Cancers of the tonsil tend to be superficial, better differentiated, and of an earlier stage than other oropharyngeal tumors. The treatment of early tonsillar neoplasms (stages I and II) is usually radiation therapy alone. Transoral wide local excision of small, superficial lesions may be locally effective, but does not address the high potential of occult lymph node metastasis. Deeply invasive cancers require extensive resections of the pharyngeal wall or mandible.
Radiation for early cancers offers the advantage of treating upper-echelon lymph nodes. Treatment is usually unilateral unless extension to the tongue base or midline soft palate is present that warrants treatment of contralateral lymphatics. Ipsilateral treatment portals allow sparing of the contralateral mucosa and salivary glands. Because much of the tumor may be hidden from external beam photons by the mandible, deeper dose calculation with electron beam therapy is used, which can be combined with a small interstitial implant if invasion of adjacent tongue is present. Early cancers of the tonsillar pillar are less effectively treated with radiation alone than are cancers confined to the tonsillar fossa.
Radical radiotherapy to lymph nodes controls approximately 90% of limited nodal disease (N1) if the primary tumor is controlled, but nodal failure increases to more than 20% if failure occurs at the primary tumor site. Overall 5-year survival rates for patients with advanced primary tumors or regional metastases are generally less than 25% with single-modality therapy. Combinations of surgery and radiation therapy offer improved rates of local and regional tumor control, which, in some studies, has translated into improved survival. Similar tumor-control and survival rates have been reported for stage III (T3N0) patients without nodal metastases who are treated with radiation alone or combined surgery and radiation or surgery alone (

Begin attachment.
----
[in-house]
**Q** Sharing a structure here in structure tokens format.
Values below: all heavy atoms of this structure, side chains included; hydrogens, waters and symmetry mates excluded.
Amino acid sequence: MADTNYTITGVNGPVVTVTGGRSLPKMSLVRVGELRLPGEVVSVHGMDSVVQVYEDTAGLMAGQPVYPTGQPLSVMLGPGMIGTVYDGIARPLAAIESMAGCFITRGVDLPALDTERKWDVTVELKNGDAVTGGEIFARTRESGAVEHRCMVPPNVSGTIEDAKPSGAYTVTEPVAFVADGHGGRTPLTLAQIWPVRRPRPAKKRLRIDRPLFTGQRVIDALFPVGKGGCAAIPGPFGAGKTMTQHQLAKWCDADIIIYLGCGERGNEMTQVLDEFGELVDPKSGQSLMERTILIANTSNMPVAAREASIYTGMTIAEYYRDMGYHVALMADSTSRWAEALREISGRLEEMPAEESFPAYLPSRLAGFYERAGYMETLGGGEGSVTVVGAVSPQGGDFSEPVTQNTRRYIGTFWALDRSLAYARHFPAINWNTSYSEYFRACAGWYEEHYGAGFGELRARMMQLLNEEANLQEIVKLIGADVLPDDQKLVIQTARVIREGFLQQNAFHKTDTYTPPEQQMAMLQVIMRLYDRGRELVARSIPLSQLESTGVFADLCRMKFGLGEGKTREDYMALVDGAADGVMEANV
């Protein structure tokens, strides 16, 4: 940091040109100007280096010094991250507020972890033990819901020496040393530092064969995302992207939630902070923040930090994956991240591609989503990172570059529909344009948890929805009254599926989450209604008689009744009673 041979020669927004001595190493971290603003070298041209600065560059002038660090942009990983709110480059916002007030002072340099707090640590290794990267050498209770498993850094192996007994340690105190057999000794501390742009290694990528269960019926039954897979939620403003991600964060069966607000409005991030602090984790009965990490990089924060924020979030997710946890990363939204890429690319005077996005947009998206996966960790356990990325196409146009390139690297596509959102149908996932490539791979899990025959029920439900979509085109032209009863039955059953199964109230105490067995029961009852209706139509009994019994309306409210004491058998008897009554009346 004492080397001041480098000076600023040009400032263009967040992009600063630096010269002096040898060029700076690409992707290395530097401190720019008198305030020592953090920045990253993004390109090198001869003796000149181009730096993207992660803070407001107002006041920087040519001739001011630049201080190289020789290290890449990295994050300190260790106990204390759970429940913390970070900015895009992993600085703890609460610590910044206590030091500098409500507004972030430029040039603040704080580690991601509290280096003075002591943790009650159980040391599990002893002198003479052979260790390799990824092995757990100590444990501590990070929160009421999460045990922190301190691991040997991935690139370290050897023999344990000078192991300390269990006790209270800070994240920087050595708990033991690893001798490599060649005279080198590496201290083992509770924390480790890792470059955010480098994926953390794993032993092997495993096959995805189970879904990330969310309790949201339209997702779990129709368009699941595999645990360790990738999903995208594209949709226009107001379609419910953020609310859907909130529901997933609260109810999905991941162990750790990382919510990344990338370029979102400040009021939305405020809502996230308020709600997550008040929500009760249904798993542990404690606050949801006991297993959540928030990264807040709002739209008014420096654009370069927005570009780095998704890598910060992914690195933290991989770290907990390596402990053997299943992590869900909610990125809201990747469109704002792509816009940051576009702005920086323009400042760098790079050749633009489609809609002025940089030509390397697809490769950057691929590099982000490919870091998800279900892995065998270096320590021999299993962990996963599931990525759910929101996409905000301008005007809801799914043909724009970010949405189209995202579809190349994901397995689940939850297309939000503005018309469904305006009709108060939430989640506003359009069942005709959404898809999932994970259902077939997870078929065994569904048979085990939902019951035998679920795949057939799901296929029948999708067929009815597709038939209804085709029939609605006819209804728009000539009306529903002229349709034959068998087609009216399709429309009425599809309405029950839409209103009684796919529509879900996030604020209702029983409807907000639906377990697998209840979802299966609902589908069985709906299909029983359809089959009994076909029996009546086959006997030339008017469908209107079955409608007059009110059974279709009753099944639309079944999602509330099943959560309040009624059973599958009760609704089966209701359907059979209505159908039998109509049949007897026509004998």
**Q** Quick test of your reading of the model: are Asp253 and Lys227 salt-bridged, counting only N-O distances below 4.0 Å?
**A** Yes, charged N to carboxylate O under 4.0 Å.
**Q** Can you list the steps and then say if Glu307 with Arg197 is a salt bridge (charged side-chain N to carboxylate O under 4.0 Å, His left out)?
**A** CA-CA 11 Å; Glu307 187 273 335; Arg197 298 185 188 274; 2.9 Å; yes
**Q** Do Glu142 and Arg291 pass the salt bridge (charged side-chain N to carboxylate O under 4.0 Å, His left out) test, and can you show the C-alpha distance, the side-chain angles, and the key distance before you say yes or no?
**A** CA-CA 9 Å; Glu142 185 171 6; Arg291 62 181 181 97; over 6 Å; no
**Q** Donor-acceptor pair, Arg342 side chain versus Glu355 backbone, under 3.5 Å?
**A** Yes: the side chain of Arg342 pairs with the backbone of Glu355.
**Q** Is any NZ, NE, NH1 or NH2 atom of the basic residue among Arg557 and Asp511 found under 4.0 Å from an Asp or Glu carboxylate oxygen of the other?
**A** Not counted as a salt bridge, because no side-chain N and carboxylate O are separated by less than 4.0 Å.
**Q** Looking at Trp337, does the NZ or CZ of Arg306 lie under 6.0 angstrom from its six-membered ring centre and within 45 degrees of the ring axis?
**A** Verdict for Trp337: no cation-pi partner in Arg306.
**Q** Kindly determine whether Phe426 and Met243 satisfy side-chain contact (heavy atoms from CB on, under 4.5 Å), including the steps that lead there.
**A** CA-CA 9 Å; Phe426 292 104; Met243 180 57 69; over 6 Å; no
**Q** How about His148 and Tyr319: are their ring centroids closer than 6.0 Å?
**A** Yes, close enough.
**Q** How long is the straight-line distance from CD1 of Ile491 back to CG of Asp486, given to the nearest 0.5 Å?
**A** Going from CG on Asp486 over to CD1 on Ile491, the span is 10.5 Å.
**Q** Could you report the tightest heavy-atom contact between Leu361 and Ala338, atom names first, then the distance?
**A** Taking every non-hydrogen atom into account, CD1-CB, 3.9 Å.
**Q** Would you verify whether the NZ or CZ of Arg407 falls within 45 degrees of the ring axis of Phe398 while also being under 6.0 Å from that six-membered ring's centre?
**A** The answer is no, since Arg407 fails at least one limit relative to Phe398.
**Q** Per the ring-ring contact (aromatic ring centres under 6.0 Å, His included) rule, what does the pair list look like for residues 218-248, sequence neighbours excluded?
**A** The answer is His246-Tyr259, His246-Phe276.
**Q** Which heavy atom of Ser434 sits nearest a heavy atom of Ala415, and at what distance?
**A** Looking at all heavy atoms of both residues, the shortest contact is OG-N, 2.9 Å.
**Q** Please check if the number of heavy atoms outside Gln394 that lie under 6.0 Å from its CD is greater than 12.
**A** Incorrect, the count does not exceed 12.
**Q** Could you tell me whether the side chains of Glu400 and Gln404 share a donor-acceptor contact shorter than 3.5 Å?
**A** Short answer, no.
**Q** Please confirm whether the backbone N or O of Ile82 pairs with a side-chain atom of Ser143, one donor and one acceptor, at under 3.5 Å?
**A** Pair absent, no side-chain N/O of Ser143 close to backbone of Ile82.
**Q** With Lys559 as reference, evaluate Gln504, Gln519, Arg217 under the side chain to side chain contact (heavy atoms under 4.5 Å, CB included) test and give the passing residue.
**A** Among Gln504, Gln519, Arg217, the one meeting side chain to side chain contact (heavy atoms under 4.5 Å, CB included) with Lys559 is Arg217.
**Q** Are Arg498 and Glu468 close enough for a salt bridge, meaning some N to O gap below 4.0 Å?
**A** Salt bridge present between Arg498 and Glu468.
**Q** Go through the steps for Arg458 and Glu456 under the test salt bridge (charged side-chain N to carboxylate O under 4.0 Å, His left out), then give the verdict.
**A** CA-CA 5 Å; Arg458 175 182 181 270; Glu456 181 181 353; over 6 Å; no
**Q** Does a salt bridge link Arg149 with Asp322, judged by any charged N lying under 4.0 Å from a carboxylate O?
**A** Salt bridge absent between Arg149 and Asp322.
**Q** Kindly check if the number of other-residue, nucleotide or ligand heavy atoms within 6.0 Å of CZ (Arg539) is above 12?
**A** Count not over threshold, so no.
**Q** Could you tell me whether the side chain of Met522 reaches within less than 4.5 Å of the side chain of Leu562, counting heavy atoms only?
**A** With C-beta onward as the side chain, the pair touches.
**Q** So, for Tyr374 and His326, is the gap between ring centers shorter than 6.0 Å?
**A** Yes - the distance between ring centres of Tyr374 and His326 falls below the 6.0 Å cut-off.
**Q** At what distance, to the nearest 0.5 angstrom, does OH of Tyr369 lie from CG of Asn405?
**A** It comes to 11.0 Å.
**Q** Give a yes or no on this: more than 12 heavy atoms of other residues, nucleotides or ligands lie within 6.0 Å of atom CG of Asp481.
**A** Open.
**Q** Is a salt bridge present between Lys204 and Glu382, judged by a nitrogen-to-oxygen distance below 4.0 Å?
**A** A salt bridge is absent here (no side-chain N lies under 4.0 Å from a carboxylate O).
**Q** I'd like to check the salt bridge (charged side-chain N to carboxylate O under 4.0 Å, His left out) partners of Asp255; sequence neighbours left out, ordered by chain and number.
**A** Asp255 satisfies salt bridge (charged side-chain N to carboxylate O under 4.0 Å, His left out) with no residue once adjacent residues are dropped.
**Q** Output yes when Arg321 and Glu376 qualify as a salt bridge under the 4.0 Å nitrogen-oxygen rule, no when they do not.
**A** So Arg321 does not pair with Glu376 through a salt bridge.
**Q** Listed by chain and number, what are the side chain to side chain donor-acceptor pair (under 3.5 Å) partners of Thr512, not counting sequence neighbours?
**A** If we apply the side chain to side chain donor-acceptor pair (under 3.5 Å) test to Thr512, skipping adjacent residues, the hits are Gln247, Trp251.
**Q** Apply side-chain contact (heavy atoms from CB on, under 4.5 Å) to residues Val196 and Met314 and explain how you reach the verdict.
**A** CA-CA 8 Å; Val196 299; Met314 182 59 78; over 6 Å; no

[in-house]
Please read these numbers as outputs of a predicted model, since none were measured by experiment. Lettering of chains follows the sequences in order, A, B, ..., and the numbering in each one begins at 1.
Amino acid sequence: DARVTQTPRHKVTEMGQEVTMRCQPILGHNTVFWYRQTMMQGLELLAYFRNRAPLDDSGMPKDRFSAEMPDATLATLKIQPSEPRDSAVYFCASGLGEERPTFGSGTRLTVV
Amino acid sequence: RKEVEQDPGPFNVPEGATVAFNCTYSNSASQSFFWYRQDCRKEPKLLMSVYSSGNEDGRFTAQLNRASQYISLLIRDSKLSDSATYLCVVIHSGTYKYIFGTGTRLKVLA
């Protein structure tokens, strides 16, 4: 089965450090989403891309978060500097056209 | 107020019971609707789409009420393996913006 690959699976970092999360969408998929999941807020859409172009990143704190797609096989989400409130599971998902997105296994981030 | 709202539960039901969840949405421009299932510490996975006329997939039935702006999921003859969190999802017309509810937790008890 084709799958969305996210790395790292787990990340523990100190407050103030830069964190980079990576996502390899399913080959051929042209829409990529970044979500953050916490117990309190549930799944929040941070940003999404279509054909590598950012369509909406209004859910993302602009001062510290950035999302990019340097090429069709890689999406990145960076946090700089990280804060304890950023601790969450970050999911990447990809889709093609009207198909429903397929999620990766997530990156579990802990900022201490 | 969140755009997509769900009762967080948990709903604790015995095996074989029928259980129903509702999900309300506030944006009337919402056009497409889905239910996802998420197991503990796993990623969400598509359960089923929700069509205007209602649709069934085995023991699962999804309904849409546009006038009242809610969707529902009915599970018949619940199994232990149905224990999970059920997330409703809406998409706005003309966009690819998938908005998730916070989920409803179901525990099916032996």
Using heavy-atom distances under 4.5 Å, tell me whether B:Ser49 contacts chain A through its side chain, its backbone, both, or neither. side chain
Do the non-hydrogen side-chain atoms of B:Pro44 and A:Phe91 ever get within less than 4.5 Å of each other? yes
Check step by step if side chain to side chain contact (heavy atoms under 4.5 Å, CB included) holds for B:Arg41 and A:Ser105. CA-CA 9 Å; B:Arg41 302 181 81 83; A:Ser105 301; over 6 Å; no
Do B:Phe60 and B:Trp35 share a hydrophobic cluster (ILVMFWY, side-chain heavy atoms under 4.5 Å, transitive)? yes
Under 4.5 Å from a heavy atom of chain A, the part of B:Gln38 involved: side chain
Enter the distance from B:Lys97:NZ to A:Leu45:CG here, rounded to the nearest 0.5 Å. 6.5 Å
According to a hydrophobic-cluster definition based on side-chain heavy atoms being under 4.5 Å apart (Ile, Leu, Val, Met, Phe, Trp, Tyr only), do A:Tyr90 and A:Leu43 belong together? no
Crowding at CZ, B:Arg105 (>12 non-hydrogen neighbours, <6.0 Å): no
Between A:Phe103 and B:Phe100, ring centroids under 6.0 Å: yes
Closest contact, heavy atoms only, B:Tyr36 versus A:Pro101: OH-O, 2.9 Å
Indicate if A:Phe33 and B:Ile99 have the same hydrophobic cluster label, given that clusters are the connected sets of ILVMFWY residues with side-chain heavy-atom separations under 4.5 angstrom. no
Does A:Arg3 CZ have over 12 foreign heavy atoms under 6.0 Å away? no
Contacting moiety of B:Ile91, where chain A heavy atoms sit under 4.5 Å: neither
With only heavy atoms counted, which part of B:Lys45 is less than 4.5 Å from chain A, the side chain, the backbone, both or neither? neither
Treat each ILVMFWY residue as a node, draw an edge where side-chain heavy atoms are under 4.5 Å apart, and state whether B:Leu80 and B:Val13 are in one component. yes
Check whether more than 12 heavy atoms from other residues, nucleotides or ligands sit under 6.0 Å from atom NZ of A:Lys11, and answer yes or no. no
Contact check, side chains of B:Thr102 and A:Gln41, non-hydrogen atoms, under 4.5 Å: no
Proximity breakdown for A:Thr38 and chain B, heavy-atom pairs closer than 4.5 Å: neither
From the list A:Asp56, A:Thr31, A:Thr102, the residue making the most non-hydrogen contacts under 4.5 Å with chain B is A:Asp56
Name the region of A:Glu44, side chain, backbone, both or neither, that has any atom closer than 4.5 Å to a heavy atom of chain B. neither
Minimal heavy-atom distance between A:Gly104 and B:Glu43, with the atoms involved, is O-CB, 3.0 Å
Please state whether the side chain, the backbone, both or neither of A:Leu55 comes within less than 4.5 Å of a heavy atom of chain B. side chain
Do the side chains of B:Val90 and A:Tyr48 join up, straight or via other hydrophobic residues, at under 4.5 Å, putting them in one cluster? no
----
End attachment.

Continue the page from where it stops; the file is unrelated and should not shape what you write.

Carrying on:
Table 90-9). In general, preoperative or postoperative radiation for advanced (stage III or IV) cancers of the tonsillar fossa is recommended, combined with resection to include the tonsillar fossa and regional nodes. In some instances, advances in surgical approaches may allow for sparing of the mandible, but composite resection of the pharynx, mandible, and neck remains a frequent surgical approach. Postoperative rather than preoperative radiation is currently preferred because it allows more accurate assessment of surgical margins, local extent of disease, and degree of lymphatic involvement, and is associated with lower rates of surgical complications.
Revision date: July 6, 2011
Last revised: by Andrew G. Epstein, M.D.